Volume 7 • Number 2
Professional Development through Early Childhood Teacher Research Kathryn Castle
“I love the voice of teacher research. It encompasses the personal and professional points of view that are who we are as teachers.”
Kathryn Castle, EdD, is professor and Chuck and Kim Watson Endowed Chair in Education at Oklahoma State University, Stillwater, Oklahoma. She teaches courses in teacher research, assists with two teacher researcher groups, and has written a book, Early Childhood Teacher Research, from Routledge.
The following is adapted from Early Childhood Teacher Research (Routledge, 2012).
—Third Grade Teacher Researcher
arly childhood teacher research is a form of professional development for teachers and teacher educators. It is about systematically studying teaching and learning and applying results to new situations. Such activity leads to a deeper understanding of teaching. When early childhood teachers question their practice and search for answers, they grow in professional knowledge. Others say it is transformative teaching, in that once teachers have studied an issue of personal importance and deepened their understanding, they do not go back to old ways of doing things. For those who want to practice teacher research, it is helpful first to explore current teaching practices. The process of teacher research may help meet professional standards and is similar to the process involved in National Board of Professional Teaching Standards certification. Teacher research can be done for many purposes, especially professional development, more effective teaching, and professional contributions to the field. For many experienced teachers who incorporate teacher research into their everyday practice, teacher research is just good teaching. It is what good teachers naturally do in order to answer questions they have about teaching and learning (Shagoury & Power 2012). As one teacher said, “I now realize that as a kindergarten teacher, I can be a researcher too.” Teachers who think about their impact on children will question their actions and whether they make a difference. Answer-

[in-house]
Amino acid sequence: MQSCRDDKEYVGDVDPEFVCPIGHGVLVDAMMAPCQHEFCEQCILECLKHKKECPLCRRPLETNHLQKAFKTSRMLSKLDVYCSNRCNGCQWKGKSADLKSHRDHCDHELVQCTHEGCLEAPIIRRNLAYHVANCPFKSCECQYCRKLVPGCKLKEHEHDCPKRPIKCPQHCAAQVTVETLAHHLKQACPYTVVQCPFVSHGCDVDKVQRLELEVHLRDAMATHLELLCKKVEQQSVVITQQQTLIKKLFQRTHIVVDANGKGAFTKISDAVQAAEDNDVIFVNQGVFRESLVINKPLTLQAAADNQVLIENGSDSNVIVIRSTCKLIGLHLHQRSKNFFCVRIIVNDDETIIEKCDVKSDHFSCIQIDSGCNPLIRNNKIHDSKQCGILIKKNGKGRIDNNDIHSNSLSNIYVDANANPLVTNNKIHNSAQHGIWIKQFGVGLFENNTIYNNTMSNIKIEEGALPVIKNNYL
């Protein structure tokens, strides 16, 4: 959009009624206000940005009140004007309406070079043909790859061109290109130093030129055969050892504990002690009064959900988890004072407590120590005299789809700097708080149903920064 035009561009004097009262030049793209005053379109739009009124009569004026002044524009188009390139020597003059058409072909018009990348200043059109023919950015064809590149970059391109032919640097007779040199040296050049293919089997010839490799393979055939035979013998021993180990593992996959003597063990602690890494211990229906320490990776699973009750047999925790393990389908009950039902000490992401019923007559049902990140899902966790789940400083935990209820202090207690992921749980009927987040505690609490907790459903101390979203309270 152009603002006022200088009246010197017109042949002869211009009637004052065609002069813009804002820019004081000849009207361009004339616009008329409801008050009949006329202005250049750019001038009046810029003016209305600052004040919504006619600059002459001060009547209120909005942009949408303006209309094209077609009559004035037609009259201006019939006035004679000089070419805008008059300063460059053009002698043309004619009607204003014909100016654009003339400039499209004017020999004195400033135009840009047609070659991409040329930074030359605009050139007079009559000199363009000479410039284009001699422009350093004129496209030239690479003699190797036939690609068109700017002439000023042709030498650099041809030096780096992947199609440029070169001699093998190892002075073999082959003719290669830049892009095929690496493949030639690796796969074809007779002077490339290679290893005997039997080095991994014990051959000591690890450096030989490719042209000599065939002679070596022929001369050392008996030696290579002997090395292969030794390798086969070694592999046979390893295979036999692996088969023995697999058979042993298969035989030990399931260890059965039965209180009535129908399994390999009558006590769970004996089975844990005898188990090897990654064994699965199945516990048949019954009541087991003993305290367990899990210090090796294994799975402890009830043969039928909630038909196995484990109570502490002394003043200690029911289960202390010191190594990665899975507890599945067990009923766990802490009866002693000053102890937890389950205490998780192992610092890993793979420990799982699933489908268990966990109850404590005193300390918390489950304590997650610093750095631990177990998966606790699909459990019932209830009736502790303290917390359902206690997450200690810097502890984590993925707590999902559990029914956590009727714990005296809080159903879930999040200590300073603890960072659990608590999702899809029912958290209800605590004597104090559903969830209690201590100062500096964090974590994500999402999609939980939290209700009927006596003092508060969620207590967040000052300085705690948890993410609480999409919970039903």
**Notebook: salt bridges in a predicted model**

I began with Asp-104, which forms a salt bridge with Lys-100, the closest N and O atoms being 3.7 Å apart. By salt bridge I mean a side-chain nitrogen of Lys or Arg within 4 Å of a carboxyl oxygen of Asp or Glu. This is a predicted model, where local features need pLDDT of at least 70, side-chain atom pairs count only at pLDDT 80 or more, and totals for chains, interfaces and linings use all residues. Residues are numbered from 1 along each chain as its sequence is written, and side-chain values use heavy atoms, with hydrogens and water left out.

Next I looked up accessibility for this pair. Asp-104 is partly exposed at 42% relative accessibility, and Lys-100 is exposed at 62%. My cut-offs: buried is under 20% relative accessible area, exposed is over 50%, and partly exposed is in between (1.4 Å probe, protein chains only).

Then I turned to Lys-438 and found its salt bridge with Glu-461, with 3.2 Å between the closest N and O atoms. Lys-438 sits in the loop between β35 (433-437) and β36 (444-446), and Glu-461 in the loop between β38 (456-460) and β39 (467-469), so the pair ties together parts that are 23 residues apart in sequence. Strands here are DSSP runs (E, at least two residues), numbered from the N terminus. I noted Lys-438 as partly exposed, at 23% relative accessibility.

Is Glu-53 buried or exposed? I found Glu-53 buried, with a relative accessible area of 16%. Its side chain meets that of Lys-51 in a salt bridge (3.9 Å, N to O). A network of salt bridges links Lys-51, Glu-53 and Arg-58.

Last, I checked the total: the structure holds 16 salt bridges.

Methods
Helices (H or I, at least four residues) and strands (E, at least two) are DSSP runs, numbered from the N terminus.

Castle, K. • Voices of Practitioners 7, no. 2 • December 2012
ing these questions through teacher research helps a teacher better understand children’s learning and make necessary changes. This spiraling process fosters professional development and understanding. Teachers who don’t question their work don’t usually grow as professionals. The professional life of a teacher has a certain developmental progression to it (Steffy et al. 2000). It may even begin in childhood with an interest in imitating a teacher or playing “school.” The passion to enter teaching is often driven by a desire to help people, especially to help them learn. Professional education in teaching may include a 2-, 4-, or 5-year program, or a graduate teacher education program at a college or university. It may also include a teacher training program or alternative teacher certification pathway. Various forms of teacher inquiry may be part of teacher education programs at both the undergraduate and graduate levels. For education students focused on early childhood, all pathways eventually involve working with young children. Professionals beginning their teaching careers may have many questions. While answering these questions and gaining valuable teaching experience, a teacher’s quest for knowledge may become more systematic, searching for information to document the difference made in children’s lives. At this point an early childhood professional may be drawn to teacher research, either as an individual teacher or with a group of trusted colleagues. Teacher research helps teachers better understand how to meet educational goals and to better articulate their work to others, including parents and administrators.
What teachers already do that can become teacher research The idea of doing teacher research may